Corneal Implants Show Promise for Rare Condition

A bioengineered corneal implant made with collagen from pig’s skin could be an alternative to human transplants for those with keratoconus, a rare condition that can lead to blurry vision and blindness.

Researchers with the Sweden-based company LinkoCare Life Sciences and Linköping University have bioengineered a cell-free implantable medical device that could be a substitute for human corneal in patients with keratoconus, a rare condition that causes the cornea to bulge and leads to blurred vision and sensitivity to light. The condition occurs in about 1 in 2,000 individuals, but some estimates suggest that the incidence may be as high as 1 in 400 individuals, according to the National Organization for Rare Disorders.

In the early stages, keratoconus can be treated with glasses and contacts. In advanced stages, donor corneal transplants are needed to replace the damaged cornea. Researchers from Linköping University point out that there is a donor shortage of cornea in some areas, especially in Asia, Africa, and the Middle East. Many of these areas lack infrastructure for tissue donation.

The LinkoCare Life Sciences implant was made from collagen from pig’s skin, a purified byproduct from the food industry already used in FDA-approved medical devices for glaucoma surgery and as a wound dressing.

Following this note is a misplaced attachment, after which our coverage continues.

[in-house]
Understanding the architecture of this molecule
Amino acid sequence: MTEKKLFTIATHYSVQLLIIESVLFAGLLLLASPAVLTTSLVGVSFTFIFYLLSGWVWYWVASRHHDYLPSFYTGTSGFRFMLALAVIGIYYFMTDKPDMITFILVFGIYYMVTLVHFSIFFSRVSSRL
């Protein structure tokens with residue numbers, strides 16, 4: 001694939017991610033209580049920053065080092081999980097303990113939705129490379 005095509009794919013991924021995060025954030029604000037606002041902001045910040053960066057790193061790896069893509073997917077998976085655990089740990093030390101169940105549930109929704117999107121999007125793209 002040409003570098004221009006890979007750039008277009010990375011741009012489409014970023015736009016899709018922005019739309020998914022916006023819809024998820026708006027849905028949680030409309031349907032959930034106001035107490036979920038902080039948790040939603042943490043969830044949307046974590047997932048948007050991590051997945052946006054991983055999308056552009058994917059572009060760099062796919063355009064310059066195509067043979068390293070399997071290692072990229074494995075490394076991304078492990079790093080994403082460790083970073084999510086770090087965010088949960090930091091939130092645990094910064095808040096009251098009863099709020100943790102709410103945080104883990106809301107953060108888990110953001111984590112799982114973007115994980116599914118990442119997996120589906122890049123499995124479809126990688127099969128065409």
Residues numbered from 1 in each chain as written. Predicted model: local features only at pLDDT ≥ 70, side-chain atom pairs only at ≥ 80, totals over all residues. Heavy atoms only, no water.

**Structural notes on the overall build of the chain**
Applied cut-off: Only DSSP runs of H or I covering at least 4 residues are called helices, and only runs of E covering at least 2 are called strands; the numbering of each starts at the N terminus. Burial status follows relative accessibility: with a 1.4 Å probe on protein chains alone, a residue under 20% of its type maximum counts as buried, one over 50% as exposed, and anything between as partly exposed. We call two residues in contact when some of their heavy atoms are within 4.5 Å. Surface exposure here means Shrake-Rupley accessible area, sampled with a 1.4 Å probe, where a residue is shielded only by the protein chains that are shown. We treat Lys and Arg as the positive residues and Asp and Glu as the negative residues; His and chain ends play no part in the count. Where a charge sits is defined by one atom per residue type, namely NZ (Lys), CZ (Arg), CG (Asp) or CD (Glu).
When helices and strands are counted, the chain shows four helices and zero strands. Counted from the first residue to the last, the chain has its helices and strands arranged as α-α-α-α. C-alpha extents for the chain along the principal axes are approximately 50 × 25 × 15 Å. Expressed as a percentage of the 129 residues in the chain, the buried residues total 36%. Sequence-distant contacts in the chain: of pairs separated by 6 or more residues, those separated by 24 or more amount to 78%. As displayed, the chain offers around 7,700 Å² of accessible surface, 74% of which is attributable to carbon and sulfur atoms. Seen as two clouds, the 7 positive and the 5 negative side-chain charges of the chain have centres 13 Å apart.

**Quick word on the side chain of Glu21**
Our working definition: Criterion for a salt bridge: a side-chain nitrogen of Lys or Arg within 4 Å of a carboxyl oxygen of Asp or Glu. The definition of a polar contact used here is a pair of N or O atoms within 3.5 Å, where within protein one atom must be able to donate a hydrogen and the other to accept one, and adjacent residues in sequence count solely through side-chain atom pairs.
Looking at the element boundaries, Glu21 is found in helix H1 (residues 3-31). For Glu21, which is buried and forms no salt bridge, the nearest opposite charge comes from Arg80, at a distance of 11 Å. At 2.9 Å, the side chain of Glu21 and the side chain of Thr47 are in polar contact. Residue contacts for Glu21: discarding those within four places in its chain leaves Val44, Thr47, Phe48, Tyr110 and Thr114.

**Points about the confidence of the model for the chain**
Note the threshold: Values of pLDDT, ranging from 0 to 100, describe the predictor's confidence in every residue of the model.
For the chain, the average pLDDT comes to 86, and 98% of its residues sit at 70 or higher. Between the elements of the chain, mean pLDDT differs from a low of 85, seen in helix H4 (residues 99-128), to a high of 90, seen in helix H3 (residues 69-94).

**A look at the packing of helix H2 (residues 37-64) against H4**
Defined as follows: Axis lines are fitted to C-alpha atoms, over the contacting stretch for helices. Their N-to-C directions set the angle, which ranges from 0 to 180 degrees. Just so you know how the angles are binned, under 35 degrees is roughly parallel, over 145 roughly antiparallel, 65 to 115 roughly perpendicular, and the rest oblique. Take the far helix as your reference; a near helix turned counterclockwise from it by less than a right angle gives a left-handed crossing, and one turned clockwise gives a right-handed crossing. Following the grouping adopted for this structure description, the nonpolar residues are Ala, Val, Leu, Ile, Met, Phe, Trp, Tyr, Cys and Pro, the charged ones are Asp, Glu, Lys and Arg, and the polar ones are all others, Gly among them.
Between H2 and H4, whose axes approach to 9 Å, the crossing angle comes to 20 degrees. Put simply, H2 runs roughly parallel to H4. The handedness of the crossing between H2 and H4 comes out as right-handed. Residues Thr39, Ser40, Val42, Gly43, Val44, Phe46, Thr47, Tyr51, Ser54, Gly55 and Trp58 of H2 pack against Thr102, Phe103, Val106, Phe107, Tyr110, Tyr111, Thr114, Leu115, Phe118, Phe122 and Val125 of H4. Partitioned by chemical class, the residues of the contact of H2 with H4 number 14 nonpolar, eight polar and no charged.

In a pilot feasibility study in India and Iran, researchers implanted the bioengineered cornea in 20 patients with advanced keratoconus to reshape the native corneal stroma without removing existing tissue or using sutures. In 14 patients who were initially blind, all patients had a final mean best-corrected vision (glasses or contact lens) of 20/36, and they were able to tolerate contact lenses, researchers wrote in a recent paper in Nature Biotechnology. During 24 months of follow-up, no adverse events were seen.

“These represent equivalent outcomes to standard corneal transplantation but with a simpler surgical technique and without the need for human donor tissue or tissue banking infrastructure,” researchers wrote. They were led by Mehrdad Rafat, an adjunct associate professor at Linköping University department of biomedical engineering and founder and CEO of the company LinkoCare Life Sciences.

Previously, researchers had developed implants using human collagen, but they found several limitations. Implants with human collagen could be produced only in small quantities, implants were weak and required invasive suturing and were subject to melting.

The study had several limitations, researchers said. Sites lacked control patients who had received human donor corneas, so a direct comparison could not be made.

In this study, the corneal implants were manufactured in two thicknesses, but the implants can be manufactured for customized treatment, including non-uniform or tapered thickness for optimization of refraction and visual outcome.